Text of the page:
Which is a great solution you can use because you understand that such contracts are negotiable, and perhaps because you have some leverage in the negotiation due to your education/skills/talent/experience/etc. The only experience that the vast majority of people in the U.S. have with contracts are “take-it-or-leave-it” agreements where they have little to no leverage (EULAs act as a training device in that way).


#10

Right to Work*

  • no actual right to work implied.

#11

And they want to be worshiped as “job creators.”


#12

Yeah, it makes a certain amount of sense when applied to CEOs and the like - they’re well compensated, might actually be able to take meaningful company information to another company to their benefit, and a CEO usually has skills that are perfectly applicable to another industry, so it doesn’t prevent them from working. But for rank-and-file workers? This is purely a means of controlling the labor force in a really hideous way.


#13

You are reading it wrong.

It is the bosses Right to your Work. They can’t let those nasty unions get in the way of that, can they?


#14

late stage fucking capitalism

There was a episode of Doctor Who over the weekend where almost everyone on a space station got killed off. Why? Because the company that owned the station didn’t want to pay for the oxygen to keep them alive anymore. The Doctor stopped that by rigging the station to explode if the survivors died. That stopped the plan right away due to how much money the company would lose.

This non-compete thing is the next step toward that goal.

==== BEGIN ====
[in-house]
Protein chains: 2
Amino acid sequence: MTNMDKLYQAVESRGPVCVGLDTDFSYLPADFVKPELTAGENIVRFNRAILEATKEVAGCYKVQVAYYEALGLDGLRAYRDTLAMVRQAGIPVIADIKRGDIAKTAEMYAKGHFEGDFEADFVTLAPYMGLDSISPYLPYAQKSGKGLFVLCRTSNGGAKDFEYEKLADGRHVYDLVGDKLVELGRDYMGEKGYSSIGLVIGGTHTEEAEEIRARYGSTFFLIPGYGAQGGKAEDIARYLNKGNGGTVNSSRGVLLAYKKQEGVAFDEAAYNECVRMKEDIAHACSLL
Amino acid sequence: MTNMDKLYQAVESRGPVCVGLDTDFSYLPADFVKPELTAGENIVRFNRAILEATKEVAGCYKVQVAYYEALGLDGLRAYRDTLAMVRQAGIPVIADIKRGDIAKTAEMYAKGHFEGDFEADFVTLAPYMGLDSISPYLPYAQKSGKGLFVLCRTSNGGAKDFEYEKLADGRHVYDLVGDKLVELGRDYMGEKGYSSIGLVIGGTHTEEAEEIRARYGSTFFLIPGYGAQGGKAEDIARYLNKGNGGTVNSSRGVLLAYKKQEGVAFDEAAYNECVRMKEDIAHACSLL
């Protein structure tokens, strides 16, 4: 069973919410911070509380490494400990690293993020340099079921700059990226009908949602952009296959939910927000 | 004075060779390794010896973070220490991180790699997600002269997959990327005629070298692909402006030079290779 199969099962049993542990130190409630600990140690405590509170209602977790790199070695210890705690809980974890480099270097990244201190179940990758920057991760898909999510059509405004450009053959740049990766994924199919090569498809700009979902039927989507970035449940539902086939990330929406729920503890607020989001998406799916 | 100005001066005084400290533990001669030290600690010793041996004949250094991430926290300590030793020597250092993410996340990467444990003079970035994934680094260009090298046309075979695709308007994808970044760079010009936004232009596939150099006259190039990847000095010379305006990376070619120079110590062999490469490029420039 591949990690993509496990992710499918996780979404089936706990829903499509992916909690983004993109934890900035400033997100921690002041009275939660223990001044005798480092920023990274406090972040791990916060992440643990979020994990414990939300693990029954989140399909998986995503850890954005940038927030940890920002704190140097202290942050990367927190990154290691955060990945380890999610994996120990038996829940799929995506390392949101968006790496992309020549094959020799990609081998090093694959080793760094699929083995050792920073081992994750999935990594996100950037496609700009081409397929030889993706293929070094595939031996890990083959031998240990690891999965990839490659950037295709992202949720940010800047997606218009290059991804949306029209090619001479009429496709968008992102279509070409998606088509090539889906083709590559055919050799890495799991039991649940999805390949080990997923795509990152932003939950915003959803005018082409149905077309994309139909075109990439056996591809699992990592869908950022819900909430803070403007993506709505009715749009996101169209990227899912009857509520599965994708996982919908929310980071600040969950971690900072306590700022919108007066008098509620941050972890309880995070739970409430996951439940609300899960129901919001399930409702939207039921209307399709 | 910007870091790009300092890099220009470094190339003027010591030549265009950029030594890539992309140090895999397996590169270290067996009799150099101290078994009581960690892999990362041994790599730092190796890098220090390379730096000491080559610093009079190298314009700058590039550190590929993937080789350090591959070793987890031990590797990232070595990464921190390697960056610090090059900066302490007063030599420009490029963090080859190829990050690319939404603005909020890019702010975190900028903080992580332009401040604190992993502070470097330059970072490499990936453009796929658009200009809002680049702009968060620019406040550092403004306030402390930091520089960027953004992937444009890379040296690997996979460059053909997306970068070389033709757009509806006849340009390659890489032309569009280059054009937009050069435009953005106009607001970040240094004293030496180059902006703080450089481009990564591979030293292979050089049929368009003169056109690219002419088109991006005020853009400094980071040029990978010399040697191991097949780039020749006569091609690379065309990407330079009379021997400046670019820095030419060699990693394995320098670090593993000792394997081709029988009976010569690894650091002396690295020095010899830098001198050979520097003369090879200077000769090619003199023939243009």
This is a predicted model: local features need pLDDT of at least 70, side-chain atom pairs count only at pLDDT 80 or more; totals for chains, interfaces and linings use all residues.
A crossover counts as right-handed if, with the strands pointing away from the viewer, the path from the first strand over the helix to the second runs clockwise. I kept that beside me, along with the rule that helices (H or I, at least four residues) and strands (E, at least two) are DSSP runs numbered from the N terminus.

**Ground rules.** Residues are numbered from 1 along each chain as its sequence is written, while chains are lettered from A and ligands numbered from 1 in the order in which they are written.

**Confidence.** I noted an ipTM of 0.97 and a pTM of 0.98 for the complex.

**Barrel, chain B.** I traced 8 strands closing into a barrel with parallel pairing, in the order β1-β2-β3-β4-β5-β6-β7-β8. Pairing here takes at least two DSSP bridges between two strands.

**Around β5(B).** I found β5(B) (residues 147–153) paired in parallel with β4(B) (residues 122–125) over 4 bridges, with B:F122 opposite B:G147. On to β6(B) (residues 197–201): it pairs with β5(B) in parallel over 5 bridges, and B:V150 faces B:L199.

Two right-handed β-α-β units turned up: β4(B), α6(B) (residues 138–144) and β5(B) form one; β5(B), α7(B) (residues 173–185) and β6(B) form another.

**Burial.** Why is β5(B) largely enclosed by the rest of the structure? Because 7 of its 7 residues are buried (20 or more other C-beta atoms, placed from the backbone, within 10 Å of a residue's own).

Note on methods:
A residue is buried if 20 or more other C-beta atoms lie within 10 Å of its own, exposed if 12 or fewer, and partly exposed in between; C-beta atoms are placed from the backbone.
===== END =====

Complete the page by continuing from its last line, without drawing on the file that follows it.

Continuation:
#15

If a person is connected with their former coworkers on LinkedIn or Facebook they’ll find out when the person updates his or her job profile.


#16

The shit CEO’s are able to negotiate is unreal at times.
The company I left in 2014 brought in a new CEO in 2011 or 12 while I was there. He came from a competitor and left that position prior to securing a retention bonus. As part of his contract at my company, he negotiated to get that amount from US upon coming on board.
His first full year there, his total compensation was more than the CEO of Chase.


#17

One of my father’s former employees stole our client list and was calling them all and telling them the business had moved in a way that implied OUR business had moved. The clients immediately called us to confirm, which is how we knew.


#18

It would depend on what law governs the contract; let’s say the company is domiciled in state A, and the employee is domiciled in state B, probably state A law would govern. If state A enforces non-competes, the employee could probably be prevented from working for a similar company in state A or smaller geographical area where the company is located.


#19

This is more or less how the law is in Colorado, they are enforceable against upper management and people with access to confidential info, not the rank and file (IAAL :wink:)


#20

It’s really simple. The Company—whatever the Company might be—will do absolutely everything it can get away with, i.e. the fines are less than profit. If you regulate it it will simply adapt and either subvert the regulation or buy the regulators which are, praise Hayek, for sale—cheap!

Whatever you do they adapt and come at you again and again and again and again until you truly are human resources, entirely liquid, entirely without worth save as that resource.

This isn’t fighting the Borg. This is rooming with the Borg.